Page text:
8. Name a character from a work by Jules Verne whose full name is also the full title of the work he/she appears in (subtitles may be ignored for this question).
- 2 Gil Braltar
- 2 Hector Servadac
- 2 Martin Paz
- 1 César Cascabel
- 1 Don Galaor
- 1 Mathias Sandorf
- 1 Jean-Marie Cabidoulin (Not the full title)
The full title of the story that Cabidoulin appears in, is Les Histoires de Jean-Marie Cabidoulin.
9. Name someone who was Jules Verne’s opponent in a court of law.
- 5 Eugène Turpin (felt insulted by the character Thomas Roch)
- 4 Léon Delmas [= René de Pont-Jest] (accused Verne of plagiarism)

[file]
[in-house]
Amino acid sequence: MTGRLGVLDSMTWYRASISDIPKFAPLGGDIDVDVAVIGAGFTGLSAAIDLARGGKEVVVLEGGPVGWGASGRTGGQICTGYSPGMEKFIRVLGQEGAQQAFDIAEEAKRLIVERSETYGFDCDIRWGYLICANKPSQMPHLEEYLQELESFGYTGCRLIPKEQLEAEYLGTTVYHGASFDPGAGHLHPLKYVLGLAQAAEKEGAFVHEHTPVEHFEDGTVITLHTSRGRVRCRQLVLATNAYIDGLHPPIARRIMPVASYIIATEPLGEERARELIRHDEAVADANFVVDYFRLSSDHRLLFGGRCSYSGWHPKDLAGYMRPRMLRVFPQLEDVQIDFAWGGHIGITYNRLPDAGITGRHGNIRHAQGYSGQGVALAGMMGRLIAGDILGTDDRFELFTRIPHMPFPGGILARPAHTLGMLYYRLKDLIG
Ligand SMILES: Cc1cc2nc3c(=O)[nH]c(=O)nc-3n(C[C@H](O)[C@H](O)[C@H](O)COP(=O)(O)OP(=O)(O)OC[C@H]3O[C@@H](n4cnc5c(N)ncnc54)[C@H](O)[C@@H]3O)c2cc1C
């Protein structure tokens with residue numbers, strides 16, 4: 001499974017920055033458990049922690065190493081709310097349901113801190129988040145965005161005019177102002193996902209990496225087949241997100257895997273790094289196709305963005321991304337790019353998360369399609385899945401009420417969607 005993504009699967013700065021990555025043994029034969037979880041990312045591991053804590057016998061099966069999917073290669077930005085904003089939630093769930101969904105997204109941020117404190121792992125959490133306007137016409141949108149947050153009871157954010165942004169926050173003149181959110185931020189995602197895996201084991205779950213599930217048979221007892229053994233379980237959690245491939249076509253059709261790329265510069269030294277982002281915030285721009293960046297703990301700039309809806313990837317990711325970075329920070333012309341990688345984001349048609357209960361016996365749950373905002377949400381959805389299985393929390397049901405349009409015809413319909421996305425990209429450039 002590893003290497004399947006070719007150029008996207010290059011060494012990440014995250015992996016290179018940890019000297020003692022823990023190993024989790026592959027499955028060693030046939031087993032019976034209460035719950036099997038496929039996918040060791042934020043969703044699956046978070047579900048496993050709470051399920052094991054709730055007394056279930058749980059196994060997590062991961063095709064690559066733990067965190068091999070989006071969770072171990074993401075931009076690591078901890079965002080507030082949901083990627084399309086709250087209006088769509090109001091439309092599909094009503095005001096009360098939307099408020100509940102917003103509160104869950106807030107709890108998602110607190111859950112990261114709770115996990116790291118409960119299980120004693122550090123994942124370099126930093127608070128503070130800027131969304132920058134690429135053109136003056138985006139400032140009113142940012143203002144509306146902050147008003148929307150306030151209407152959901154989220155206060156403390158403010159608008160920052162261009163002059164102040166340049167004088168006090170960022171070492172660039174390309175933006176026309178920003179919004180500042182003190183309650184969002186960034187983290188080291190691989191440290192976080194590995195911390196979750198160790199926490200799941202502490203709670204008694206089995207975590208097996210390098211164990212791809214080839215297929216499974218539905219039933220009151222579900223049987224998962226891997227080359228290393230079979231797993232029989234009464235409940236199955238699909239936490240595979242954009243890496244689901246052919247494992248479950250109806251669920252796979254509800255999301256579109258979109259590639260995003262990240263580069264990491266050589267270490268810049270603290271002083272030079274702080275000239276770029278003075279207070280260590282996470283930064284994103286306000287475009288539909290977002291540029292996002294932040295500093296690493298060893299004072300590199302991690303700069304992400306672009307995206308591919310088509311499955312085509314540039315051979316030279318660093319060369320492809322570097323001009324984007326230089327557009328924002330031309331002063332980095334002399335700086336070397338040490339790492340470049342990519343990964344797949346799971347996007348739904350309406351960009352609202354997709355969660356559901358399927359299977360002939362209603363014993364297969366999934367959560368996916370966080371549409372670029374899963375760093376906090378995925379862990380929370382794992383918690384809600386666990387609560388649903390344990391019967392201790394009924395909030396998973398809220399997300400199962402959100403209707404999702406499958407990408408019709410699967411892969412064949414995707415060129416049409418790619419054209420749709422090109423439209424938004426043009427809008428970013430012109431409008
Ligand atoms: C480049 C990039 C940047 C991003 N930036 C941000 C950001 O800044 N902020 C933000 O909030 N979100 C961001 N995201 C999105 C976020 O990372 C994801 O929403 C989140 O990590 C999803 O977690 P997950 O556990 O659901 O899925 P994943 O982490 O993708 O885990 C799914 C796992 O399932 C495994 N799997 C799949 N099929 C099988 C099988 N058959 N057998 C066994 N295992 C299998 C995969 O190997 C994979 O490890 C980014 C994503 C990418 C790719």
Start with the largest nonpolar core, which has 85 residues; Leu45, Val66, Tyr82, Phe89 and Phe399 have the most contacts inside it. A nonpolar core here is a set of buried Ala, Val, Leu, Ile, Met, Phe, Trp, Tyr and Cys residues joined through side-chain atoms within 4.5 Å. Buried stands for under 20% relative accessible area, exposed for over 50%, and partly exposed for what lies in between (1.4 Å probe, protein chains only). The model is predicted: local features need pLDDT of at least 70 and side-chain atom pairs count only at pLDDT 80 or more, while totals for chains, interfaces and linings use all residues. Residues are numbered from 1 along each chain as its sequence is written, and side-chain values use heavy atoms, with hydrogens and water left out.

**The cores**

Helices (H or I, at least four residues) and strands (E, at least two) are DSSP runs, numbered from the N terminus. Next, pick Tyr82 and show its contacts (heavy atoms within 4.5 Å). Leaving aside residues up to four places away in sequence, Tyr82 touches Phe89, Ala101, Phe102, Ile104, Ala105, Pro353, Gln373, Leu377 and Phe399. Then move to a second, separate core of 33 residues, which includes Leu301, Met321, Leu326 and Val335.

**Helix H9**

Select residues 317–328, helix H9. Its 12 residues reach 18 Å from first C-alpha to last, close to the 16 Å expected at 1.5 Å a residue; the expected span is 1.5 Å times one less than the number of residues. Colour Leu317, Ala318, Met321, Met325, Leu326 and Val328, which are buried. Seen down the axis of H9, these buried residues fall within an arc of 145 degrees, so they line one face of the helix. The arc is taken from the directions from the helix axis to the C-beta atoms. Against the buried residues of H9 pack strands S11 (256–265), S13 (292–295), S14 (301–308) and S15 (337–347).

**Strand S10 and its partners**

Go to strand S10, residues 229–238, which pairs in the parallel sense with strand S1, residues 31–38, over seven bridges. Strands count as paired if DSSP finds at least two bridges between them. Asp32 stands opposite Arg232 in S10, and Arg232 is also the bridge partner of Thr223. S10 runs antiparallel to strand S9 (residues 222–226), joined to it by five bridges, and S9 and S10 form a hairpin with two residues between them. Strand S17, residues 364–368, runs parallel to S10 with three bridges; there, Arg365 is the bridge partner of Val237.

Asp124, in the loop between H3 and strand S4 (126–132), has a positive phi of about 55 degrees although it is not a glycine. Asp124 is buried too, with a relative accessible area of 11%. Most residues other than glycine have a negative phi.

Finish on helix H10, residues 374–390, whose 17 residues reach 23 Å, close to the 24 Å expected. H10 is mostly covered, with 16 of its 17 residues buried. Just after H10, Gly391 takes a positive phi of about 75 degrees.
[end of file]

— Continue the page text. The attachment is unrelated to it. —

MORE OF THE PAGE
- 1 Edouard Cadol (there was no court of law)
Léon Delmas, who used the pseudonym René de Pont-Jest, accused Verne of plagiarising his short story La Tête de Mimer. The accusation, based on the use of the Sun’s shadow in Voyage au centre de la Terre (Delmas had used the Moon’s shadow in his short story) was really far-fetched, and Verne was declared innocent.
Edouard Cadol claimed to be the co-author of the play Le Tour du monde en 80 jours. In fact, Verne and Cadol had collaborated for a short time on a draft of a play, but without any success. Yet Cadol earned a significant portion of the rights to the play. It didn’t take a lawsuit to settle this matter, so the answer must be regarded as incorrect.
Eugène Turpin recognized himself in the character Thomas Roch, and sued Verne for using his personality in his novel. Verne was acquitted, but his correspondance with his brother Paul suggests that he did indeed base Roch on Turpin.